I think warlock is a bit overbroad of a class concept. It probably could have used some separation. Pact to make you a strong martial character vs a pact to make you a strong spell caster. Those are related by different enough concepts IMO.

Why is a Cthulhu cultist not a cleric of Cthulhu,
He could be! Anything can happen with NPC's.

why is an arcane caster who studies creepy books not a wizard?
He can be! There's nothing in that concept that precludes that concept from working as a wizard (or even lore bard, or even sorcerer).

I just feel that warlock exists conceptually as generic creepy caster, and I don't think that should be a thing.
They exist as the pact caster. That can be creepy as pacts have a bit of a connation of being with evil entities. But it's not necessarily so.

So sorcerer has solid and district enough fluff and warlock has decent mechanics that will fit the sorcerer themes better than the actual sorcerer mechanics.
I think this ends up being the true reason. You dislike sorcerer mechanics as not being different enough and dislike warlock fluff. I disagree, but now I get why you want these classes combined.
 

Aldarc

Legend
Sure. This is not exact science, this is about nebulous things like feels and themes and archetypes. I'm sure other people see things differently.
I agree. I think that the part of the problem rests in how D&D wants to be everyone's generic fantasy, but everyone's cognitive sense of generic fantasy is different. For example, 3-5e D&D wants warlocks to be Eldritch Blast spammers and vestigial patrons. I want my warlocks/sorcerers to be John Constantine, Faust, and Goetics (see Monte Cook's Invisible Sun) who are summoning spirits, angels, and fiends with rituals to bargain for magical favors.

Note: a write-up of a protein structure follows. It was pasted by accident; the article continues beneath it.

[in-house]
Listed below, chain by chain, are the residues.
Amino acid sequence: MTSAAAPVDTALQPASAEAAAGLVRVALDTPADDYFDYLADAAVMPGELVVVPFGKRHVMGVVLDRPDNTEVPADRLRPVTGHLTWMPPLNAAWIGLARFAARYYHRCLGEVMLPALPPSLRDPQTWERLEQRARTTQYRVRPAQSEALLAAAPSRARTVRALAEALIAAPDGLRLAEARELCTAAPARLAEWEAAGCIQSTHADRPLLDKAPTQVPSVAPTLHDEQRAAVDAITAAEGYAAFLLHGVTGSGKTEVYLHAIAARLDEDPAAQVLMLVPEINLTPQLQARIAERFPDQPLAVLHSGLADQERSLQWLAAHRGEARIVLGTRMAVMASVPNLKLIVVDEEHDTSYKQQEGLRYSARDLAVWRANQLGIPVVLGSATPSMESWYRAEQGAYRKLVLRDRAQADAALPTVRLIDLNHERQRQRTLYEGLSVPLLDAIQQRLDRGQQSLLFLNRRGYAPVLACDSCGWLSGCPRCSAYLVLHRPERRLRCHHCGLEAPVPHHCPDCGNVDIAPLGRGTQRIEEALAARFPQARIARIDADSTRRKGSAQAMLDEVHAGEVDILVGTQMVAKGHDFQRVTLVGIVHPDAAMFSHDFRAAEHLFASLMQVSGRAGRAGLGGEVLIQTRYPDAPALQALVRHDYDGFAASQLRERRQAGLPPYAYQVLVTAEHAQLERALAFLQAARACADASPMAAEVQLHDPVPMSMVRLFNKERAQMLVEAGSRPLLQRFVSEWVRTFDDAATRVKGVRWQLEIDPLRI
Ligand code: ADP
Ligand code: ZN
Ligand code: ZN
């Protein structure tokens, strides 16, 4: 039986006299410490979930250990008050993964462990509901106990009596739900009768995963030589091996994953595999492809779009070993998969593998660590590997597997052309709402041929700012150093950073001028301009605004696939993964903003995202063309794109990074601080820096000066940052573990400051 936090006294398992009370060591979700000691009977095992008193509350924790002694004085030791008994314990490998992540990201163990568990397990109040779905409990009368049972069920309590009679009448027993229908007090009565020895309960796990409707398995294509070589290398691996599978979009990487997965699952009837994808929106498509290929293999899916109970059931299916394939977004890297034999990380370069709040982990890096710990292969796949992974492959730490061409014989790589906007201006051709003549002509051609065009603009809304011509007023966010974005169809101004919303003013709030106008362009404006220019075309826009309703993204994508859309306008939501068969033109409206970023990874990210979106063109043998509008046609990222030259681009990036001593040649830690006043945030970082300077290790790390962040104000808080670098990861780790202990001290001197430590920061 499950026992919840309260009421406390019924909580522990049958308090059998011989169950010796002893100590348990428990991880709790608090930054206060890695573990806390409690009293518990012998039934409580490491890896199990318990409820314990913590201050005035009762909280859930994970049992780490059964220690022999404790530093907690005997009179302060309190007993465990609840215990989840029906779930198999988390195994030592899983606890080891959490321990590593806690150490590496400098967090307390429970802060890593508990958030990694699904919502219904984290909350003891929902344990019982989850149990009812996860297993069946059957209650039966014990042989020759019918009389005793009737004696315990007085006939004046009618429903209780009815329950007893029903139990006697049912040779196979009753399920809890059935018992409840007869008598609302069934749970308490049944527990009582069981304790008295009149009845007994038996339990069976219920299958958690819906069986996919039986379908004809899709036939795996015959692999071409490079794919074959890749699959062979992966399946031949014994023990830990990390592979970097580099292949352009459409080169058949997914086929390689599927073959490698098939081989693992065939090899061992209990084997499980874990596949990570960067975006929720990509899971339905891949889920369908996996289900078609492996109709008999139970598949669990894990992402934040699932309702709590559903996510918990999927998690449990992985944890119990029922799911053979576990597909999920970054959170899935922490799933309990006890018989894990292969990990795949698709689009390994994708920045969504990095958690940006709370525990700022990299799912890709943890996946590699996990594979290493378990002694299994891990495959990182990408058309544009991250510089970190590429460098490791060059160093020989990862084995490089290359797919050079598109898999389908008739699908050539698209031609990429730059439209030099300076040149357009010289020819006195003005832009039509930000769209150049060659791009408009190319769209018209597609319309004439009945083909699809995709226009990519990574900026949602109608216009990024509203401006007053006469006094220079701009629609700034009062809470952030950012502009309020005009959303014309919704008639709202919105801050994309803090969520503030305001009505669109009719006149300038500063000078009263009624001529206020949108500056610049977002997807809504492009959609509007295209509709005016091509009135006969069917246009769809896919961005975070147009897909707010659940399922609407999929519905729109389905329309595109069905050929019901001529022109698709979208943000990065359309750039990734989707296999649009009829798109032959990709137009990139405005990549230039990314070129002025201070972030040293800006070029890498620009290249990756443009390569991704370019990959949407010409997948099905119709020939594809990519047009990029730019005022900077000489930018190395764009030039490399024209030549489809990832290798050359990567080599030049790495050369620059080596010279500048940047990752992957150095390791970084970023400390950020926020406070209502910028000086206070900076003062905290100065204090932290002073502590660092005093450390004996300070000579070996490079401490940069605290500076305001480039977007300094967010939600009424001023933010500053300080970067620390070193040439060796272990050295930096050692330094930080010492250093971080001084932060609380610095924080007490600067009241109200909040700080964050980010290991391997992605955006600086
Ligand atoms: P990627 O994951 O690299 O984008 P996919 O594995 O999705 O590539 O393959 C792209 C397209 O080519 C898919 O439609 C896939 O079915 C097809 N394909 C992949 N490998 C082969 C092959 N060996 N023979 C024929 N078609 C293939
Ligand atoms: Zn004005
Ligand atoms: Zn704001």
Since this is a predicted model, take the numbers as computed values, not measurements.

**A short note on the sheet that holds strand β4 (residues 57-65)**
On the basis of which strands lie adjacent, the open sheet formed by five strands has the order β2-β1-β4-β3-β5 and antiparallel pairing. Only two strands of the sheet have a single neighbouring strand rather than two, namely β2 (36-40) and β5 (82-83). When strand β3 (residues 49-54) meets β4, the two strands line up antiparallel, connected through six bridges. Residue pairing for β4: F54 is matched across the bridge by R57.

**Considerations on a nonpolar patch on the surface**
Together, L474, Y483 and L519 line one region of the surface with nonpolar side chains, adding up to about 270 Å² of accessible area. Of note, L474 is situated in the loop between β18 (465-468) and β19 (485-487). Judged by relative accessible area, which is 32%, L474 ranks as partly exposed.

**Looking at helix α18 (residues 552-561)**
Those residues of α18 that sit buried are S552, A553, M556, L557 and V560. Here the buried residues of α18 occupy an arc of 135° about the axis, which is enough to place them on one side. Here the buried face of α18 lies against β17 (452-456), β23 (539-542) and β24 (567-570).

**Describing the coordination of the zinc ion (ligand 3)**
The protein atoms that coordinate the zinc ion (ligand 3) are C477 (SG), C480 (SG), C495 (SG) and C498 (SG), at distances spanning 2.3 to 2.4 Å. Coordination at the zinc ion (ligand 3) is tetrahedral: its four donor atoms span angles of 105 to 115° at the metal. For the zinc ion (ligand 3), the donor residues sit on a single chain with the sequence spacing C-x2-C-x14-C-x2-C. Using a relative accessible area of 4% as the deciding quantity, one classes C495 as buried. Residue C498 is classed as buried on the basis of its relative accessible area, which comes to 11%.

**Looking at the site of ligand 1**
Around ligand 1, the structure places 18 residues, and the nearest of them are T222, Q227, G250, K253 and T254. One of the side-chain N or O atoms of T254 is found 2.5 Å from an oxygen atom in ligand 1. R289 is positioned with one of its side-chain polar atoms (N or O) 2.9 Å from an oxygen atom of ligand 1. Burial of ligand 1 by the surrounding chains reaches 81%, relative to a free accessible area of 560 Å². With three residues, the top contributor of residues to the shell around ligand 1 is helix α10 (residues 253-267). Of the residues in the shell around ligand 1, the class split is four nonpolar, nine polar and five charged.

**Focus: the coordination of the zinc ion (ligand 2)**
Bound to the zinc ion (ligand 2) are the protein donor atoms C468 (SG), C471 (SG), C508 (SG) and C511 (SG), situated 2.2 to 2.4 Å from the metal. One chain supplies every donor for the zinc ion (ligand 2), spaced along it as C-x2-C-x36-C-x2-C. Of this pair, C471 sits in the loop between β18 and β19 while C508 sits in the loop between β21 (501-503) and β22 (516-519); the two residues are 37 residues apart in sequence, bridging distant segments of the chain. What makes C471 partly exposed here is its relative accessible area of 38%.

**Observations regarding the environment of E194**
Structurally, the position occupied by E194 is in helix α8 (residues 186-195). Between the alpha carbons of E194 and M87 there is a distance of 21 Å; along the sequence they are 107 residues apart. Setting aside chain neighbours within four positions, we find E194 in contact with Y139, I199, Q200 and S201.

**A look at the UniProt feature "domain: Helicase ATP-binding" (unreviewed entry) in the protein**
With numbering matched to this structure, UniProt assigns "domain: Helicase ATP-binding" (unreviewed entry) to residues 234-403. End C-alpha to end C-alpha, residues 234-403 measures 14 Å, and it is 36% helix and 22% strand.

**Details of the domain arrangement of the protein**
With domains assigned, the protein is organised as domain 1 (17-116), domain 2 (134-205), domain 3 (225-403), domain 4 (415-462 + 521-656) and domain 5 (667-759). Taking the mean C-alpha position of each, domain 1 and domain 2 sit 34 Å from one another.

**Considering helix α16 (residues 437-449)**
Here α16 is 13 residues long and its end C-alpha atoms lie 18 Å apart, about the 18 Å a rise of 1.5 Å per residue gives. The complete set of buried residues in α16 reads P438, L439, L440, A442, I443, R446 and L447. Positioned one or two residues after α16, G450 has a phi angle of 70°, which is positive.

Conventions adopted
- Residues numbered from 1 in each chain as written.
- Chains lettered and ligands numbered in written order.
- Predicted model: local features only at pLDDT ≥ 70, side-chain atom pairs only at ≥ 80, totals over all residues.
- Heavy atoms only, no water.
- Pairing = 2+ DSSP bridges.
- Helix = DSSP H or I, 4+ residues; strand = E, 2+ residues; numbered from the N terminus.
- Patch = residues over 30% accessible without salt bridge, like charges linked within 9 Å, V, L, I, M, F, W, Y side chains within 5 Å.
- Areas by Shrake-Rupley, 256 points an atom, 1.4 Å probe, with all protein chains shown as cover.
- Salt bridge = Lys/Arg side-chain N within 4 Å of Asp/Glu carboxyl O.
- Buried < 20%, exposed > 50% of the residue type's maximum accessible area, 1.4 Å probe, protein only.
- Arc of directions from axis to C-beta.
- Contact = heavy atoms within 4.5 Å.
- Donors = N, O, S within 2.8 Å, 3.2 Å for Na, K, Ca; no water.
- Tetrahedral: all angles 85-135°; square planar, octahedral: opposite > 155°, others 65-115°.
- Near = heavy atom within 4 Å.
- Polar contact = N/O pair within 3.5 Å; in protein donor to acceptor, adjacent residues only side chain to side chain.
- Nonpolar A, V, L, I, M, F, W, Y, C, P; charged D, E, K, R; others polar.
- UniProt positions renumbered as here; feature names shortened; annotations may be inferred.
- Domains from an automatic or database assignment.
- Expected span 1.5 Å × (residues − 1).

I sometimes feel that classes in D&D are trying to do too much conceptually and mechanically. This is one reason why, for example, that I liked roles and power sources in 4e. Some people find these things too narrow for classes, but I conversely found that they opened a lot of conceptual and mechanical room, some of which we never really saw expressed well in D&D until this point (again IMHO). For example, the druid in 3e and 5e is a massive collection of nature mage abilities. People have wanted a shaman class, but others will point to the pre-existing Druid as covering that space. But in 4e, by contrast, the Druid could be the Primal Controller and the Shaman could be the Primal Leader. These two classes now had conceptual design space between them. Same for the conceptual and mechanical design space between the Cleric and the Druid. Not only different roles, but also different power sources. There was none of the talk we hear now: e.g., "Why do we have Nature Clerics and Druids?"